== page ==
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Photo#226408
Another view of the moth - Hodebertia testalis

Another view of the moth - Hodebertia testalis
La Porte, Harris County, Texas, USA
September 15, 2008

Images of this individual: tag all
Other caterpillars that eat milkweed . . . - Hodebertia testalis Other caterpillars that eat milkweed . . . - Hodebertia testalis Here's the moth - Hodebertia testalis Another view of the moth - Hodebertia testalis

A note from Dr. Brian Scholtens
"I think Steve is probably correct on the ID of Hodebertia. The rearing on Asclepias is a really important clue. I noted that a bunch of specimens are in the USNM, so I can have Alma Solis take a look also."

 
From Dr. James Hayden
"...I agree, it could tentatively be Hodebertia testalis. I do not know much about that species. Your first photograph does look like photos on line. Unlike Hahncappsia coloradensis, the FW PM line has an inward dash between M3 and CuA1, and the HW lines are pronounced. (We have specimens of that species but not of H. testalis.) It is widespread in the Old World and a strong disperser, so look out for more. If it's like Diaphania costata, which also feeds on Apocynaceae, it could spread for years under the radar unless people get out and look! On the other hand, 2008 was eight years ago..."

Moved to Hodebertia testalis
Moved from Hahncappsia coloradensis.

Tentative ID. See discussion below.

BOLD does show records from Costa Rica.

Hodebertia testalis!?
A description of Hahncappsia coloradensis larvae can be found here and although I know next to nothing about caterpillars, is seems way off for it to be this species and the host plant as Charley points out is sunflower.

The adult image above, however, is a near perfect match for the African species, Hodebertia testalis, which does feed on Asclepias. See info here. I was not able to find a description of the larvae.

I this is H. testalis, it would be new to the US I think and might be bad news for milkweed.

 
Nice detective work
Sure seems like a good match to me.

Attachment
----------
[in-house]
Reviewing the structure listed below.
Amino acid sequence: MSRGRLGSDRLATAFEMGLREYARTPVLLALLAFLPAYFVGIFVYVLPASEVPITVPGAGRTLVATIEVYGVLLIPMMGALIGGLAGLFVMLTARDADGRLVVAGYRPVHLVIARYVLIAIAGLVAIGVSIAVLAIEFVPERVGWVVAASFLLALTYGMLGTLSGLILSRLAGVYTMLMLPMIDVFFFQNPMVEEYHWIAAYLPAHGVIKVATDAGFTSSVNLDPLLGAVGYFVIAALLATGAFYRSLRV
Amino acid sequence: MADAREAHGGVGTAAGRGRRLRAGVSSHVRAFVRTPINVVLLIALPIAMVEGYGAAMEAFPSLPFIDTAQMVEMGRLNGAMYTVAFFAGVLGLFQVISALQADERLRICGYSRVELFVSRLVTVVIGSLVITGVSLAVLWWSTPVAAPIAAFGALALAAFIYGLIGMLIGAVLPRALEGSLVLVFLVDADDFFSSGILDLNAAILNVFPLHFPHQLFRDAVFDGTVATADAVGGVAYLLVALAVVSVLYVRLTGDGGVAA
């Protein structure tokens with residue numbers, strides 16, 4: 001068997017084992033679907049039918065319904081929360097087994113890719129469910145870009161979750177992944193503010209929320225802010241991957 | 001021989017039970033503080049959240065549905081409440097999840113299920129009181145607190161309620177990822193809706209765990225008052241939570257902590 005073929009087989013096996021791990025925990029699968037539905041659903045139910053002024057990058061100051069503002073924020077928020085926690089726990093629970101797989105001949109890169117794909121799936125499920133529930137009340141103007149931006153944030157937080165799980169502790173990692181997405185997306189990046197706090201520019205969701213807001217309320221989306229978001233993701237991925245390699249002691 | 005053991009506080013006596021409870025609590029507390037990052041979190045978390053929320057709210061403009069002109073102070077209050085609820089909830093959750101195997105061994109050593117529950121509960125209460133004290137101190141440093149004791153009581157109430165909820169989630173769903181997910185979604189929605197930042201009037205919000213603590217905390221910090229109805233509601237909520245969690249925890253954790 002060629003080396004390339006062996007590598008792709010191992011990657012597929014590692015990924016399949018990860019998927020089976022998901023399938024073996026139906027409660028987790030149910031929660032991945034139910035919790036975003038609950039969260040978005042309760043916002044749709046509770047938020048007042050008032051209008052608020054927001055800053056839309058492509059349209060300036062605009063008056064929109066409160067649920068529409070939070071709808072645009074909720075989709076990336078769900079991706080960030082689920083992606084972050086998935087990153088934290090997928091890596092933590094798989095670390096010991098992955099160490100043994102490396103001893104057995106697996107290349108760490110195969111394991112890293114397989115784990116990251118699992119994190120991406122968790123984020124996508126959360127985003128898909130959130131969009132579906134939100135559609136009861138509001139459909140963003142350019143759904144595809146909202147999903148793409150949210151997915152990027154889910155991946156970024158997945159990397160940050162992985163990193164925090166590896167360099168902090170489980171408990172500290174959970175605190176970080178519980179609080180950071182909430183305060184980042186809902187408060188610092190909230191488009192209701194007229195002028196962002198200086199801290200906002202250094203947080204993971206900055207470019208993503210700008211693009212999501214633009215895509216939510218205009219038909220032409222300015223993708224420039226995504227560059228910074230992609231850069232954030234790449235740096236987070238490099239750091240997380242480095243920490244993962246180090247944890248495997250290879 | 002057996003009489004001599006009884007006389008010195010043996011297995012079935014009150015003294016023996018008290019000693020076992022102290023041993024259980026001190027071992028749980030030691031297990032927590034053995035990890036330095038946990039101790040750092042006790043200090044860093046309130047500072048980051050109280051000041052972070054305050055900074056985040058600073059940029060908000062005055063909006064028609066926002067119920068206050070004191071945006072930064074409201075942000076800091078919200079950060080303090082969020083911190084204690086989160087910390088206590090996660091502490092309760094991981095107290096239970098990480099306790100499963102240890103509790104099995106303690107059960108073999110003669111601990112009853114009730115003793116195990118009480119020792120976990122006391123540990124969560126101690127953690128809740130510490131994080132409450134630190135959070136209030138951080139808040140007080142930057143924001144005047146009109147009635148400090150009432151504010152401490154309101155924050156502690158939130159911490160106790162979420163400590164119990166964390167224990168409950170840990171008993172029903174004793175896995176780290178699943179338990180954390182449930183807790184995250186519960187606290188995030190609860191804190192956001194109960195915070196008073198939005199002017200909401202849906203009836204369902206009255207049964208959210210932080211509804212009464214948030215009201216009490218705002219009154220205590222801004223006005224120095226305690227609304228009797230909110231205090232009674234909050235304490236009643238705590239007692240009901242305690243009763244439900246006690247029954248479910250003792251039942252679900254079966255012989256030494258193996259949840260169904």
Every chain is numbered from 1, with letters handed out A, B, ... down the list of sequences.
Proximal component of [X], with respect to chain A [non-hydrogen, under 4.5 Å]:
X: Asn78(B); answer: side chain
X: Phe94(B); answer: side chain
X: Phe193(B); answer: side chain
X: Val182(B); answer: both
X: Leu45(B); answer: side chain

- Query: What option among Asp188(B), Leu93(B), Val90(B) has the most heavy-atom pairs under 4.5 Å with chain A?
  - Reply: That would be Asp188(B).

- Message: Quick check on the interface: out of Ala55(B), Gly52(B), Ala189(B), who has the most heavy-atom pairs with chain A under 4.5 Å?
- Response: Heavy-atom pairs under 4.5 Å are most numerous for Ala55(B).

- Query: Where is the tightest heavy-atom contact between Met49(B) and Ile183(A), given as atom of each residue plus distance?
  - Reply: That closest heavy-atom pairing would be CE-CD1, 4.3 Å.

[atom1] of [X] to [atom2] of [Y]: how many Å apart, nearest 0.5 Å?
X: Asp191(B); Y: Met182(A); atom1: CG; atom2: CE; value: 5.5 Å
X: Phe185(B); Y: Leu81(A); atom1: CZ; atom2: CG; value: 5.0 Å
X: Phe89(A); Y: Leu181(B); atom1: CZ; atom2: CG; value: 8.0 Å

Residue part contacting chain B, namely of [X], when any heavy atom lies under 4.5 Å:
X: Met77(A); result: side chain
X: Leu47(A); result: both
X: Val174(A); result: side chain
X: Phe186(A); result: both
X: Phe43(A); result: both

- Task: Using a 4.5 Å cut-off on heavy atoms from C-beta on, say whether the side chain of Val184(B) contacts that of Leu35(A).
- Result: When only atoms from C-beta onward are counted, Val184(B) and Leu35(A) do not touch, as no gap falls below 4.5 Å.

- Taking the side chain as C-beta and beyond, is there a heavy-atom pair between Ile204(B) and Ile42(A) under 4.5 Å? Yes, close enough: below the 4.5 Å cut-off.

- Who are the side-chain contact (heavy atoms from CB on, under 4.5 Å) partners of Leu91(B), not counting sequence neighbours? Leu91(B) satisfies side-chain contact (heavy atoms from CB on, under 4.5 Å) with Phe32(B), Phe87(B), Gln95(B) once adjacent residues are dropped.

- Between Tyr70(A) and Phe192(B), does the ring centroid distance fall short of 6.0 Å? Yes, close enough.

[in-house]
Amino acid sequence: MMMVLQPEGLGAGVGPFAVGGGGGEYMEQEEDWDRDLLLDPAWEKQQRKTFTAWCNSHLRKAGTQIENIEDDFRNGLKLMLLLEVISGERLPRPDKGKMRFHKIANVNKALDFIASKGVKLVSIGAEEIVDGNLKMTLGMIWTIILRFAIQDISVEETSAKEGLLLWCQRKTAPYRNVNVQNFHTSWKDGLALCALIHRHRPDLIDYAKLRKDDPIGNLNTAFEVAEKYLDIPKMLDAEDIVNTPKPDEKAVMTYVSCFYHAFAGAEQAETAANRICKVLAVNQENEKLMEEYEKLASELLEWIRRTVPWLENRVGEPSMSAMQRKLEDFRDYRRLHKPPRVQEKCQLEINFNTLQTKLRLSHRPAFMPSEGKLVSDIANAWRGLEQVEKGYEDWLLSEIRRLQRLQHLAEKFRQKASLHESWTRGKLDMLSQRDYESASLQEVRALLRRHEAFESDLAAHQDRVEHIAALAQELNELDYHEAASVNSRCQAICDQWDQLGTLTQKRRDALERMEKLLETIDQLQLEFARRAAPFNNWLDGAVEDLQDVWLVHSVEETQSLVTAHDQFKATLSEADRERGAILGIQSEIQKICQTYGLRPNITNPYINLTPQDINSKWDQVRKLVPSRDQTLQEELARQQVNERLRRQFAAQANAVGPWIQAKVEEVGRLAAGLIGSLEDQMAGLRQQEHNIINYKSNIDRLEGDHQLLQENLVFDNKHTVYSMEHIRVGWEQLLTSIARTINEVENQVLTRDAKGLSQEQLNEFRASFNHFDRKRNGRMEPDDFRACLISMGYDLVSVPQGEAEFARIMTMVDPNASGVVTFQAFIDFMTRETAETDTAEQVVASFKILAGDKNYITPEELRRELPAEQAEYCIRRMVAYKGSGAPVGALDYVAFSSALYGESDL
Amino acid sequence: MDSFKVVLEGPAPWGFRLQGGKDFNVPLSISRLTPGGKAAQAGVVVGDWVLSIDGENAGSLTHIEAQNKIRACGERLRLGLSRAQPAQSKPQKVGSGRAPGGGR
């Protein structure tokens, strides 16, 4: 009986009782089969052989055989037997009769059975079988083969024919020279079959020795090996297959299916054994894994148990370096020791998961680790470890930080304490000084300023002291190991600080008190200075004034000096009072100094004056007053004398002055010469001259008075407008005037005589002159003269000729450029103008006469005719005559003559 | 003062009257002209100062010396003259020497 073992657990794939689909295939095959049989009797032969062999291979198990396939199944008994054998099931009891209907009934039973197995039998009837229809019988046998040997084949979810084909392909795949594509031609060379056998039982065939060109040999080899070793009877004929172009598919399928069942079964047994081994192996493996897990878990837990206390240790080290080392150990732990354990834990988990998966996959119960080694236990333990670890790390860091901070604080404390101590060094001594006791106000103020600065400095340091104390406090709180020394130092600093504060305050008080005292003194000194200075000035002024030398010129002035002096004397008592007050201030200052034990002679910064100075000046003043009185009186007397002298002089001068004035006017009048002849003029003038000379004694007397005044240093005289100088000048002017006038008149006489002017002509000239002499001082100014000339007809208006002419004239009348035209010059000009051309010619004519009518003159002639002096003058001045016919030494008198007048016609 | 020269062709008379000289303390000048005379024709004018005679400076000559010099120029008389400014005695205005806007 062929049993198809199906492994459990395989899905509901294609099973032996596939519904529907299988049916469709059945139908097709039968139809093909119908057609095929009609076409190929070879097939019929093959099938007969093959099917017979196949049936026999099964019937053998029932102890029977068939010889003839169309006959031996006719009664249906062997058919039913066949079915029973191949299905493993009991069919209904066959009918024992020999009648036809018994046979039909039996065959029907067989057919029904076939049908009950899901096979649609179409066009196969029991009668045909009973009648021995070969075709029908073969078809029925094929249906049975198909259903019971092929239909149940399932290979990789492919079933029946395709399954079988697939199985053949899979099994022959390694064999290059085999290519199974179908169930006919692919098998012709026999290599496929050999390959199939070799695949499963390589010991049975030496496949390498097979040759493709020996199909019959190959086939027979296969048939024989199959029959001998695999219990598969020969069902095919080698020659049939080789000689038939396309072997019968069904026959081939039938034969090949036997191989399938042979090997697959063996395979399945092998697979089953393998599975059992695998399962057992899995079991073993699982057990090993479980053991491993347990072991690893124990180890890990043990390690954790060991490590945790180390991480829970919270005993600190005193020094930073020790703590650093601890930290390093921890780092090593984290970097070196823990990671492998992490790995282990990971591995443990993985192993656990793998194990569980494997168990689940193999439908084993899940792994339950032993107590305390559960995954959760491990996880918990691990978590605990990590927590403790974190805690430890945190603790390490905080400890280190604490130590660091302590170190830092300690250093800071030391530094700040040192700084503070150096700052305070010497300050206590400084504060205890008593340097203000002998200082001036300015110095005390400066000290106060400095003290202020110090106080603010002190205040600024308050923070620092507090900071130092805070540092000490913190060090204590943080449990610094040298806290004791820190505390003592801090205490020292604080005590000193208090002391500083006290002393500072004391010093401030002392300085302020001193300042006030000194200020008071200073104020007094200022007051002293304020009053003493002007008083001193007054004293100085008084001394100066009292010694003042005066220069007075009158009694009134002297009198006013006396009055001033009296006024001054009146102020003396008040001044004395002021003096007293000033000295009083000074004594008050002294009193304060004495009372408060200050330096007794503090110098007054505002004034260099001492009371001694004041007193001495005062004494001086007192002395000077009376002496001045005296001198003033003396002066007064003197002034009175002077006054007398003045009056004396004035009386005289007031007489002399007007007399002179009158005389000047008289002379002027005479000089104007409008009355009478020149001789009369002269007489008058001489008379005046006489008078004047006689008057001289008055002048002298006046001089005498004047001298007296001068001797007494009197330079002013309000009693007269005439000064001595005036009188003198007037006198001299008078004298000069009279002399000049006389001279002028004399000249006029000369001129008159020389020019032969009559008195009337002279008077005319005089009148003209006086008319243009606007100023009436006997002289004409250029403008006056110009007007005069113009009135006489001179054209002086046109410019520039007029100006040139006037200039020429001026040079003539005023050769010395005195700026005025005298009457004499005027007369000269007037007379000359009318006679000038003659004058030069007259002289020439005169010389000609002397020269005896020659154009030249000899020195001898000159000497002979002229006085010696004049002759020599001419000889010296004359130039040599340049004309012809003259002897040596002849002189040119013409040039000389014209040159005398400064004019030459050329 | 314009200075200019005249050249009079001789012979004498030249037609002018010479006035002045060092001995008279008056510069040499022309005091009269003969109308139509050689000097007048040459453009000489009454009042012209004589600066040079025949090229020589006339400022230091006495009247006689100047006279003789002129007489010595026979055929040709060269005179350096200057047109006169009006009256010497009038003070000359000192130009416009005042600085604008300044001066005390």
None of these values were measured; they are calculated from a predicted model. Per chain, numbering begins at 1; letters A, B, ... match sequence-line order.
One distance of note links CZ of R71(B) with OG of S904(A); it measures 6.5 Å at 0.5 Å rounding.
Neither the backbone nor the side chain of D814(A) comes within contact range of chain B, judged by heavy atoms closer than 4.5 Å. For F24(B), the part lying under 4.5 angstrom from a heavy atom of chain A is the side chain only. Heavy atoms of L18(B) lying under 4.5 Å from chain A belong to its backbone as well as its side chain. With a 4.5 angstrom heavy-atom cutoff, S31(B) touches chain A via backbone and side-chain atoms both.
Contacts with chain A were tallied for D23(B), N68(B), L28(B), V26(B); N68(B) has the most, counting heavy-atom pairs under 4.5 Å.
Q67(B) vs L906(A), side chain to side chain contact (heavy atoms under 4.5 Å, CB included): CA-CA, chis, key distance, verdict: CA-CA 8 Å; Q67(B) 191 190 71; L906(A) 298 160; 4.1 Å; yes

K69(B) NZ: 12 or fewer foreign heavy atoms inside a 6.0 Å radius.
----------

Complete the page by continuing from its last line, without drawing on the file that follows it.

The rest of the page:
Couple Questions
I'll make a page for it and move it there as a tentative ID unless I hear an objection.

Should this be reported to a government agency and if so to what agency and how? A non-native species, if that's what this is, feeding on milkweed seems like a potential problem.

I've been searching all morning for a description of the larvae. This has been described several times as different species and the genus has changed several time making it difficult due to all the different combinations. Any thoughts on a source?

The funny thing is that this may be the second example. Last May, I found a BugGuide example here that I though might be Sitochroa dasconalis, a species which apparently has been confused with testalis. My first thought was that this might be S. dasconalis as well. I dismissed testalis because of the range but now have to reconsider. The host plant for S. dasconalis is Baptisia.

 
I say, go ahead and move it to a new page
I don't know what government agency might be interested. My approach would be to try and acquire some actual specimens, get them deposited in a collection, and publish the record in the Lep Soc journal.

Of the sources listed in the African moths database, this one seems the most likely to have some kind of description of the larva:

Wollaston T. V. 1879. Notes on the Lepidoptera of St. Helena, with descriptions of new species. - Annals and Magazine of Natural History (5)3:(15) 219–233, (17) 329–343, (18) 415–441.

I wouldn't have recognized that Iowa moth as the same thing, but it does appear to be on a milkweed leaf.

 
Placement
I was about to add the page and realized that it goes in Spilomelini. The problem is that Spilomelini got bumped up to subfamily in 2012. I added a discussion to the Moth Forum here that you might want to look at.

For now I will put this in Spilomelini.

Herpetogramma

 
Thanks!
Do the caterpillars of this moth eat milkweed?

 
Herpetogramma
I can find no articles that say so. They are considered a major pest of Amaranthus sp. I find only one very poor photo of the larva but it's a PDF and you'll have to find it by typing "major pests of callaloo" into a google search. The first result will be the PDF you want. If you can't get it, send me your e-mail address & I'll send the PDF to you.
Sorry I can't be of more help.

 
Identification
but unable to find any further information. It has been identified as a Pyralid Hahncappsia coloradensis. No one seems to know anything more than that, like where it's range is, the larval food plant (mine were eating milkweed), etc.

 
Food plant
Hahncappsia coloradensis is listed here as feeding on Helianthus, which is sunflower. Very strange for a species that doesn't specialize in milkweed to be feeding on it.

Was the moth identified by a specialist? This is a new species for BugGuide, so if the ID is certain we can make a guide page for it.

 
Identification
It was identified by
Charles Bordelon, VP/EIC
Texas Lepidoptera Survey
8517 Burkhart Rd.
Houston , TX 77055

I know in my looking around on the internet that I was unable to find anything that eats milkweed other than monarch and tiger moth caterpillars, but the photos I find on Pyralidae. Hahncappsia coloradensis match the moth that emerged from my caterpillars. Sooo, I guess we have a new species!

 
Great!
Your pics are now in their proper place. I cropped the adult images so that the moth fills the frame; this makes it easier to see in the thumbnails, and also allows more detail to be seen (since only editors and you have the option to click "full size" to see the larger image).

 
Thank you!
I'm glad we finally have this mystery solved!

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